Install NuPIC using Docker

go-bears edited this page Oct 1, 2015 · 36 revisions
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One of the biggest challenges of getting NuPIC up and running is managing dependencies. By using Docker, we hope to streamline this as much as possible, and eliminate dependency hell. Docker is a virtualization method which leverages Linux containers (LXC) to create lightweight and portable environments for running code with all of the required dependencies. The nice thing about Docker is that it allows us to manage all the dependencies of the core NuPIC code with a Git-like interface. So, as the code base evolves and dependencies change, you can update the environmental dependencies in a similar way that you update your local code base.

Because Docker uses Linux containers, Docker will only run on Linux. However, other operating systems can create virtual machines to host Linux, which in turn will host the Docker container. We will show the steps for setting up NuPIC on Ubuntu and OSX below. Docker is only officially supported on Ubuntu, but Docker should also work on the following Linux distributions: Arch, Gentoo, Fedora, CentOS, and Amazon Linux (AWS).

Allan Costa, a member of the NuPIC community built a Dockerfile which we are currently using.

Install Docker

Furthermore, there is a Vagrant configuration with instructions at for running CoreOS, a linux distribution well-suited for running Docker containers. If you already have virtualbox and vagrant setup, this may be a good option for you.

For the commands below, you will need to enter these through your SSH client.

Pull the NuPIC Docker image

sudo docker pull numenta/nupic

Test it out

Run the Python unit tests:

sudo docker run numenta/nupic /usr/local/src/nupic/scripts/ -u --coverage

Run the Python HTM Network API tests:

sudo docker run numenta/nupic /usr/local/src/nupic/bin/py_region_test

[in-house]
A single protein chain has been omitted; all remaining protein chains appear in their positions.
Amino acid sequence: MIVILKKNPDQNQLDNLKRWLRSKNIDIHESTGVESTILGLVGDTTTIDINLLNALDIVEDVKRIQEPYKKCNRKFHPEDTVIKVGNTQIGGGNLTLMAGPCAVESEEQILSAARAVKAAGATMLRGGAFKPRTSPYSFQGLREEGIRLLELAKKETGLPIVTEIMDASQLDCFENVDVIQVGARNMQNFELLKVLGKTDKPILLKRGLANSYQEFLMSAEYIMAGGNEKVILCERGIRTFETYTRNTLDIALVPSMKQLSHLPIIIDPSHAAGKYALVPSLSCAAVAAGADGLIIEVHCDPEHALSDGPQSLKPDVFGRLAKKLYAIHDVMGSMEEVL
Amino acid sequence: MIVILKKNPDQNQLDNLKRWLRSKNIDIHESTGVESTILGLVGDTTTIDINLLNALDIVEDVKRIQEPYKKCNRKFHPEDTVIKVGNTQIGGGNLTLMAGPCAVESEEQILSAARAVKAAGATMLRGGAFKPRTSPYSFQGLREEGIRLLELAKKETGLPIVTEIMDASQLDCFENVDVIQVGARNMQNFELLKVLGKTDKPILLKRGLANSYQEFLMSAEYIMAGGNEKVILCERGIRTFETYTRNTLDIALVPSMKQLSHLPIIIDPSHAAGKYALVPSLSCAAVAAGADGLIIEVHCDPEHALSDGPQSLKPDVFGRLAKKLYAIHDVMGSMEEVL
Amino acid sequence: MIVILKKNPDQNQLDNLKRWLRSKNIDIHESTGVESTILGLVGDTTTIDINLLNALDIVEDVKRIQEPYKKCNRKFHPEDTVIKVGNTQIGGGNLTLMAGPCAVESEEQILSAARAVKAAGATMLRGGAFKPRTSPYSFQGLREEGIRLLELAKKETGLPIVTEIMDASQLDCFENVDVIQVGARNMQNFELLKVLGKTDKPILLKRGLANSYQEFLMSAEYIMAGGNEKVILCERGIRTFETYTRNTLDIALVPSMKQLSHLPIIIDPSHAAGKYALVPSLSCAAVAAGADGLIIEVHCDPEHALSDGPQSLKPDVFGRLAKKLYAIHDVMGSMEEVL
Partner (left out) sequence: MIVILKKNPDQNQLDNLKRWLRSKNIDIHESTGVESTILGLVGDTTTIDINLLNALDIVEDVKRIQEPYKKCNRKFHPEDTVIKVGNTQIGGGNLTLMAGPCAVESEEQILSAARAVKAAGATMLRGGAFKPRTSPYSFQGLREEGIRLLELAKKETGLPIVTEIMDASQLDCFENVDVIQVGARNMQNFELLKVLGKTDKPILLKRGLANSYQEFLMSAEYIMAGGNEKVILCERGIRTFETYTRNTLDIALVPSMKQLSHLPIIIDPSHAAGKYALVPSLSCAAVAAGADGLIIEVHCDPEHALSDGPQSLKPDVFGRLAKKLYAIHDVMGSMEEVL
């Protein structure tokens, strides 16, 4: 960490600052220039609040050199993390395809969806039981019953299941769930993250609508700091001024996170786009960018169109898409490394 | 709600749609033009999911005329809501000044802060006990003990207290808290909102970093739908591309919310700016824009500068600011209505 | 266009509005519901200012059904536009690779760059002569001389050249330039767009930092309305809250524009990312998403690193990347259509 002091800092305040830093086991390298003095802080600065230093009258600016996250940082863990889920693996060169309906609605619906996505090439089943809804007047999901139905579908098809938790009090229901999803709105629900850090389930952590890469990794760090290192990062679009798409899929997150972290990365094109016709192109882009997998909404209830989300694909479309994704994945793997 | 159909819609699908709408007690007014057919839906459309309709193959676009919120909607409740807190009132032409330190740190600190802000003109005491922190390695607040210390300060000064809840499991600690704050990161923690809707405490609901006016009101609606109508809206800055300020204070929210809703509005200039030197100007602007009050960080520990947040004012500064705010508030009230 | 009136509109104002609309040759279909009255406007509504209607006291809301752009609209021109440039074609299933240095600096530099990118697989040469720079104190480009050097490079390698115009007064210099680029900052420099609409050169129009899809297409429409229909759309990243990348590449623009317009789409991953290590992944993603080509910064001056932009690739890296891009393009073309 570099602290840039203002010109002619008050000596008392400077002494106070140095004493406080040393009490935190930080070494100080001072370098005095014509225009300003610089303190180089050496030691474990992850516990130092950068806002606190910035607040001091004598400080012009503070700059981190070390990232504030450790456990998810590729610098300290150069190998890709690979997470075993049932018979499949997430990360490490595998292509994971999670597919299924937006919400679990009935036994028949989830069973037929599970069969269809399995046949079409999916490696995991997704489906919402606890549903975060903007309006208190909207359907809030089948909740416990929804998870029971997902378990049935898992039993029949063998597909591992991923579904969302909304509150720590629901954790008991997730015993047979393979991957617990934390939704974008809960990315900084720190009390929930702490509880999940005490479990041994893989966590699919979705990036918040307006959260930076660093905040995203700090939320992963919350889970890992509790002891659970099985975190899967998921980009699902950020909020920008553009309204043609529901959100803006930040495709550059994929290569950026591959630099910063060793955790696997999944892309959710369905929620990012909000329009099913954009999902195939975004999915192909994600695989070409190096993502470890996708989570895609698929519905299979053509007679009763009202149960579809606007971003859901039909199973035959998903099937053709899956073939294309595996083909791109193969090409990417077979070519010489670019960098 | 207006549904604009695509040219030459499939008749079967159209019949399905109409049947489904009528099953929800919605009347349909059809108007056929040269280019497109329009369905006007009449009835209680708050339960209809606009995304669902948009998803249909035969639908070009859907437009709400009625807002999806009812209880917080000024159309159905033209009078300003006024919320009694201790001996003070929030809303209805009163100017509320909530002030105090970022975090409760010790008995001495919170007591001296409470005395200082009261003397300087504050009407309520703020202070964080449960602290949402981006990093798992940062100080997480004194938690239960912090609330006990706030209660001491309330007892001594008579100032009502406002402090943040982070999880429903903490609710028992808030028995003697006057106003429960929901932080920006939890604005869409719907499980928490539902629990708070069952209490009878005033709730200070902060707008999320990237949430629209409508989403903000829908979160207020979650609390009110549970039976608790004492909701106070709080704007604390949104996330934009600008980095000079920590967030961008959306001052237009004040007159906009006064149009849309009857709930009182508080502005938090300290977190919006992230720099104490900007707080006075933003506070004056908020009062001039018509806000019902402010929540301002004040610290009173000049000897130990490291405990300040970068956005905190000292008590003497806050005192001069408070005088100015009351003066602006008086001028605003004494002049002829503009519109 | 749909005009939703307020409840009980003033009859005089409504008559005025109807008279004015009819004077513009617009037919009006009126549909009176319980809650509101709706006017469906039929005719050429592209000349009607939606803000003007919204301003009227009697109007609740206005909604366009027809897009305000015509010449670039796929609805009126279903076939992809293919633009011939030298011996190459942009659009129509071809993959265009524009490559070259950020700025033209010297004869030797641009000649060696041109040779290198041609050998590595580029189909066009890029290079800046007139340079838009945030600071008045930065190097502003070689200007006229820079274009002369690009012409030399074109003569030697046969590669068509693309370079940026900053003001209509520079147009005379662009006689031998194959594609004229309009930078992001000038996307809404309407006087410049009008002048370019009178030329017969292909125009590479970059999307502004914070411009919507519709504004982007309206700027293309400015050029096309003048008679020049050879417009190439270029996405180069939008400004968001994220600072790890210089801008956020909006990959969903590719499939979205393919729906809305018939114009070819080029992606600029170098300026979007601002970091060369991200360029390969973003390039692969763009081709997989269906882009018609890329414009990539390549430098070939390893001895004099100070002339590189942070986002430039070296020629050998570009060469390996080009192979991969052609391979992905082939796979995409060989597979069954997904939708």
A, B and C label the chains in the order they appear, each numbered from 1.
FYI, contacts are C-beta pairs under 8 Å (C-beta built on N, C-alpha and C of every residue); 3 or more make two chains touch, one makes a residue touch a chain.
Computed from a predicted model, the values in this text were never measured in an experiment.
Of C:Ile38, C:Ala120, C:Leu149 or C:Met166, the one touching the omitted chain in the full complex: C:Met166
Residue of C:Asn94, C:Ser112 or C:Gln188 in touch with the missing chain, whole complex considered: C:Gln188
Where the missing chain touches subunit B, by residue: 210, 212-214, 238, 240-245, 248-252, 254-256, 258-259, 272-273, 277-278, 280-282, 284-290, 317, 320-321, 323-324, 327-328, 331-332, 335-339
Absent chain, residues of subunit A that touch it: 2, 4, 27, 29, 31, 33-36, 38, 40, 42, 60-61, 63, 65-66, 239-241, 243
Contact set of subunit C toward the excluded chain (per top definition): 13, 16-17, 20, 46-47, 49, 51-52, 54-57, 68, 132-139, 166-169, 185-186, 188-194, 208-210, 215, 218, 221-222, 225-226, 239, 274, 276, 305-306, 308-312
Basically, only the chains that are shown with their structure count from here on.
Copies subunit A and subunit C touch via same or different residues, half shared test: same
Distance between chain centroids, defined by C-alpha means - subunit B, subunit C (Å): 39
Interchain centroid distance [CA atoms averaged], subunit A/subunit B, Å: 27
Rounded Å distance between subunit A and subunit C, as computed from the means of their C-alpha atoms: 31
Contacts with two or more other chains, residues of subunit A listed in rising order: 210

You can similarly run the other tests, but it will fail the Python swarming tests, unless you install MySQL in your container.

Run the hotgym example:

sudo docker run -i -t numenta/nupic /bin/bash -c "python /usr/local/src/nupic/examples/opf/clients/hotgym/simple/"
sudo docker run -i -t numenta/nupic /bin/bash -c "python /usr/local/src/nupic/scripts/ /usr/local/src/nupic/examples/opf/experiments/multistep/hotgym/"

To access the Docker container via shell:

sudo docker run -i -t numenta/nupic /bin/bash

After running the command above, you will be inside the Docker container running numenta/nupic. You can navigate around, and edit the NuPIC code, which is located at /usr/local/src/nupic. To exit the Docker shell, type exit.

The NuPIC Trusted Builds are continuously updated as NuPIC is updated, so it's likely that your running container is already up to date. Should your running container fall behind, you can build NuPIC at any time following the usual build steps. Because the NuPIC Dockerfile builds completely from source, all of the necessary build tools are available and environment variables are set.

git pull origin master
python install

Build Your Own Docker Image

If you would like to build your own Docker image, you can do that too.

Assuming you have Vagrant installed already with a VM that has Docker installed, follow these steps:

vagrant up
vagrant ssh

Install Git to clone the NuPIC repo containing the Dockerfile:

git clone
cd nupic

Build the image:

sudo docker build -t numenta/nupic .

Docker should build the image from the Dockerfile at root. Note: you may need to increase the RAM for your VM in order for this to work. You can interact with your image in this way:

sudo docker run -i -t numenta/nupic /bin/bash

You will now be logged into the freshly built Docker image containing NuPIC and all of its dependencies. You will want to get up to speed on how to work with Docker, so be sure to read the documentation:

Update Your Docker Image

If you want to update your image, you can just rebuild it after pulling the latest NuPIC files. If you think it's worth the trouble, you can also update it from inside a container and then commit the changes to the image.

Running swarms

See for complete instructions for running swarms in Docker.